I’ve Fainted Inexplicably for Nearly a Decade. Finally, I Got a Diagnosis

I’ve Fainted Inexplicably for Nearly a Decade. Finally, I Got a Diagnosis – After doing an ultrasound of my heart, my doctor determined that I didn’t have heart failure or heart disease. However, I was diagnosed with bradycardia, which means my heart rate is slower than 60 beats per minute, lower than what’s considered typical (between 60 and 100 beats per minute), according to the American Heart Association. When my body hasn’t absorbed enough salt or water, my heart rate drops even more, my cardiologist explained—and that prompts the fainting.1

I learned that bradycardia can cause weakness, dizziness, confusion, fainting, unusually intense fatigue during exercise, and chest pain. As a competitive athlete who continues to train at really high levels, it’s not super surprising that I have it. “Young healthy people—particularly athletes—can have slower heart rates, which can be a result of their exercise training,” Jeffrey J. Hsu, MD, PhD, a cardiologist with UCLA Health, tells SELF. I later learned that bradycardia can be caused by a range of factors, including damage to the heart (often related to aging), thyroid issues, autoimmune diseases like lupus, and congenital heart defects.

I was relieved to find out that this diagnosis doesn’t mean something is seriously wrong with me—just that I should be aware of it in order to avoid fainting as best I can. “Bradycardia does not have to mean a heart rate is abnormal,” Shephal Doshi, MD, a cardiac electrophysiologist and director of cardiac electrophysiology and pacing at Providence Saint John’s Health Center in Santa Monica, California, tells SELF. “A slower heart rate may simply be normal for you.” (In my case, whether my low heart rate is from exercise or genetics isn’t entirely clear.)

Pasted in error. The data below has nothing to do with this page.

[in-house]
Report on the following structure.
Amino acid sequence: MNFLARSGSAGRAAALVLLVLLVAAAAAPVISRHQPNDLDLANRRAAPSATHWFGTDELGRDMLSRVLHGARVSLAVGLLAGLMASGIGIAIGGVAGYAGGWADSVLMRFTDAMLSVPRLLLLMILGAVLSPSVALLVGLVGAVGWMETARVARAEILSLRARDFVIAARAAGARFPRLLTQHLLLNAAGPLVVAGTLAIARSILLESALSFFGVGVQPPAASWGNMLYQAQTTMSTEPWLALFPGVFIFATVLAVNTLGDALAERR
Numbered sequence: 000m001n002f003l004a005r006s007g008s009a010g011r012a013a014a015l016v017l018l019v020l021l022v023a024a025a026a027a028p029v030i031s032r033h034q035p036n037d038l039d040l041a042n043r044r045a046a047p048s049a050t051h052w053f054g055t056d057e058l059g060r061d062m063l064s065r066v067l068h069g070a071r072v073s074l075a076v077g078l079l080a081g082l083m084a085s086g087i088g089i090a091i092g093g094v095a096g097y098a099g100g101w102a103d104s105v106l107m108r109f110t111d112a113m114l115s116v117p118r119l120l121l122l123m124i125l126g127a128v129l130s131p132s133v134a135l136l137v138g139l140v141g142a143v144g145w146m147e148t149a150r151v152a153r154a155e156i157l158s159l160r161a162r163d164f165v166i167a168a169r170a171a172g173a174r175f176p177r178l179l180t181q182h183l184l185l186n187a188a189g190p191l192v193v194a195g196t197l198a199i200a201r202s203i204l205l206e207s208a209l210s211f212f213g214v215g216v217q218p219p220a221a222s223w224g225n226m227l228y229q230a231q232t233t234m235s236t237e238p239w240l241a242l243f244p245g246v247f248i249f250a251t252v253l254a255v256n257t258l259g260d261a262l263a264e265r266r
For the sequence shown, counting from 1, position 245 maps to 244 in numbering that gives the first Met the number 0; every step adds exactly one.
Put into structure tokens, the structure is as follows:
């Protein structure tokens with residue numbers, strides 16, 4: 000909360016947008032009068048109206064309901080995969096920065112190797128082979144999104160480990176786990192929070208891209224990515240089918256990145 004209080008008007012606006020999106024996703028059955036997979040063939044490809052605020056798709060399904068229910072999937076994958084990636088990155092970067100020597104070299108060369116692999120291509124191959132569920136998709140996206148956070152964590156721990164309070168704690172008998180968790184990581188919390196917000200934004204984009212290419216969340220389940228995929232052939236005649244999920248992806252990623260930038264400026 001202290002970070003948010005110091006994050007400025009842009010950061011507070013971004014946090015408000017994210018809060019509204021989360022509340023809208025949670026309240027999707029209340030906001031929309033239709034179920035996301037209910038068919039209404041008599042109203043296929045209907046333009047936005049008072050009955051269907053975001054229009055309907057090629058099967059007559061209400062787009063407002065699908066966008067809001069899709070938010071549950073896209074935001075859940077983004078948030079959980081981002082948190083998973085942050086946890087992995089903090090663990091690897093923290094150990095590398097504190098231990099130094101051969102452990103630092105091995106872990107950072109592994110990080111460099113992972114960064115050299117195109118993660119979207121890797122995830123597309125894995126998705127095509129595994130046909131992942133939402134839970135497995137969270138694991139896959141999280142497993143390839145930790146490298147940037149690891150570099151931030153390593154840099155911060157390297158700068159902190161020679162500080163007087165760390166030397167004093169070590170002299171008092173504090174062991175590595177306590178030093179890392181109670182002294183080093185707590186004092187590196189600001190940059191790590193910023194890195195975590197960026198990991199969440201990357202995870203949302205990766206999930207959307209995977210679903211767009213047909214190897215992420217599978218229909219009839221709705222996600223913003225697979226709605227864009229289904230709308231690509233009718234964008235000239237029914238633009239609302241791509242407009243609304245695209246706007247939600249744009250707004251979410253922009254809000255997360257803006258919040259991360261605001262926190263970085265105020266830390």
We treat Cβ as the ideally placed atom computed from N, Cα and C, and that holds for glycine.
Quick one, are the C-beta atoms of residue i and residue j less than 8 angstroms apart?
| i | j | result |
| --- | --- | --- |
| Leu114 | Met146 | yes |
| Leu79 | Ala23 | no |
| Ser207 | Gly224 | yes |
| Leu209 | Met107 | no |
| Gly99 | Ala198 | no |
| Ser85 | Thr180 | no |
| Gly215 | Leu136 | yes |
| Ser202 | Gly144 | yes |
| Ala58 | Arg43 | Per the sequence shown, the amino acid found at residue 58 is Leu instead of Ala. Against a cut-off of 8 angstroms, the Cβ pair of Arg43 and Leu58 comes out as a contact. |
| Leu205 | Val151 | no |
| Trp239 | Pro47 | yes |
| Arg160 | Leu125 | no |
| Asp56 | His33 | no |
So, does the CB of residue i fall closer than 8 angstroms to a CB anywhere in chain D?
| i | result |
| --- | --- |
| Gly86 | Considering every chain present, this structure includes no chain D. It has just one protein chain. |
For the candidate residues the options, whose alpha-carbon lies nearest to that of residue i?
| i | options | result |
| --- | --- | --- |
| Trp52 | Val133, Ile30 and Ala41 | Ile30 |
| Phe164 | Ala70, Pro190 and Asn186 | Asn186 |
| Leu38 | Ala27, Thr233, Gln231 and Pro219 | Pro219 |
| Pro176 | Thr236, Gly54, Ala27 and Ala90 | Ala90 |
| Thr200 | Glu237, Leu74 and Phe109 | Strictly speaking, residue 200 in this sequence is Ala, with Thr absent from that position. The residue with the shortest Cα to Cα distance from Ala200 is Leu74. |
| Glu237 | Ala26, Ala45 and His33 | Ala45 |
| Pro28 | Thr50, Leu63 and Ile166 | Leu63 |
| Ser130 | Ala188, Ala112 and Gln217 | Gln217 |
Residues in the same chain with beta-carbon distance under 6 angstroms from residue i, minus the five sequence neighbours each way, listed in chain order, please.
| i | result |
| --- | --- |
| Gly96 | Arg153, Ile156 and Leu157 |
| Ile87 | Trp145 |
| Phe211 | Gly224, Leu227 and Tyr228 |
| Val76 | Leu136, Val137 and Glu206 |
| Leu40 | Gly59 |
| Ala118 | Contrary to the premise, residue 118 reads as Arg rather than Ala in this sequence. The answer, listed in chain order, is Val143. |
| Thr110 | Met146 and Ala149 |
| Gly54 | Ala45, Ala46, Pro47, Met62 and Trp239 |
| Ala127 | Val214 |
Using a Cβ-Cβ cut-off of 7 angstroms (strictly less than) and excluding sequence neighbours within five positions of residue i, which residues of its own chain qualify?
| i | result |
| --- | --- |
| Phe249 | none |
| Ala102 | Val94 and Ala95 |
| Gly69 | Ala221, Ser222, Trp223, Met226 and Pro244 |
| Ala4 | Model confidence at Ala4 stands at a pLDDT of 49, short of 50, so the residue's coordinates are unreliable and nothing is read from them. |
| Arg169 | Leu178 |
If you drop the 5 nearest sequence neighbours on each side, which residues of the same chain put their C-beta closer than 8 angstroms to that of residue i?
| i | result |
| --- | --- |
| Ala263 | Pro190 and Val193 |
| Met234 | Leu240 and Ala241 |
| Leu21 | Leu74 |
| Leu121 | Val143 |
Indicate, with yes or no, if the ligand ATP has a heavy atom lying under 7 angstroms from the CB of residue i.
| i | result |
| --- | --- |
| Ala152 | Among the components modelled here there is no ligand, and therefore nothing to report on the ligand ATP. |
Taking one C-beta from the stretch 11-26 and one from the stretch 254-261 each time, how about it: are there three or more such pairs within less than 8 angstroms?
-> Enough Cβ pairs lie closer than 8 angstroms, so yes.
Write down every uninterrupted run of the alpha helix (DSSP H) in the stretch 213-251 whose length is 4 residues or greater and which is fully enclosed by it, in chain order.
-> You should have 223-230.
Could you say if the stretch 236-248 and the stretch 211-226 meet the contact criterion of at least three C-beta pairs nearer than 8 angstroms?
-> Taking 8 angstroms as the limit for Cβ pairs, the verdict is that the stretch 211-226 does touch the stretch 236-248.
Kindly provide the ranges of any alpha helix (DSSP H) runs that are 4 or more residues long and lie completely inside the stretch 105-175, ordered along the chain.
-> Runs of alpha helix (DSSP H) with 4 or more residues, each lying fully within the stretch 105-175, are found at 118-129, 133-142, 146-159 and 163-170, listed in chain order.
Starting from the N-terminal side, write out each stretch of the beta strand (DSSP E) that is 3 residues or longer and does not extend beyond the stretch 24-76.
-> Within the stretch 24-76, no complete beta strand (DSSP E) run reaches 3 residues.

Though bradycardia by itself isn’t a disease, Dr. Hsu says, it can sometimes signal (or lead to) other issues, including heart failure. My doctors are monitoring my heart, but I don’t need treatment right this second. Instead, with the help of my cardiologist, I figured out my fainting and dizziness triggers in order to take control of my symptoms. I’m more likely to pass out if I’m dehydrated, so I constantly chug water. Eating too much throughout the day can make me woozy, so I avoid snacking after dinner and huge meals at night. My cardiologist suggested that I take in more salt to help balance electrolytes in my body, as low sodium levels can lead to me passing out more. I haven’t fainted since I learned about and started accounting for these triggers, but my doctor said I could look into a pacemaker—a small battery-powered device that keeps a person’s heart from beating too slowly—if things change. I have options—and I’m so glad that my discomfort didn’t win out over the interventions that help me stay healthy.

I’m continuing to see my cardiologist for checkups, given what I know about my family’s heart health and bradycardia’s association with other issues. In the meantime, it’s comforting to have safeguards in place that mean I most likely won’t find myself in a life-threatening situation alone, or with my kids. Even if I don’t have all the details of my heart story just yet, I’m committed to finding the answers I need as I go. And I’m staying upright as I do it—which is, very obviously, a huge relief in itself.

Sources:

  1. Journal of Clinical Hypertension (Greenwich), Effects of Sodium Intake on Postural Lightheadedness: Results From the DASH‐Sodium Trial

Back to homepage

You May Also Like

11 Worst Snacks for Your Gut Health, Say Dietitians

11 Worst Snacks for Your Gut Health, Say Dietitians – Your digestive…

5 Reasons Why Eating Chin Chin Can Make You Fat Or Gain Weight

5 Reasons Why Eating Chin Chin Can Make You Fat Or Gain…

What Is Sucralose? And Why It’s in Your Food

What Is Sucralose? And Why It’s in Your Food – Sucralose, also…

5 Restaurant Foods That Are Secretly Store-Bought , According to Chefs

5 Restaurant Foods That Are Secretly Store-Bought – We’re here to share…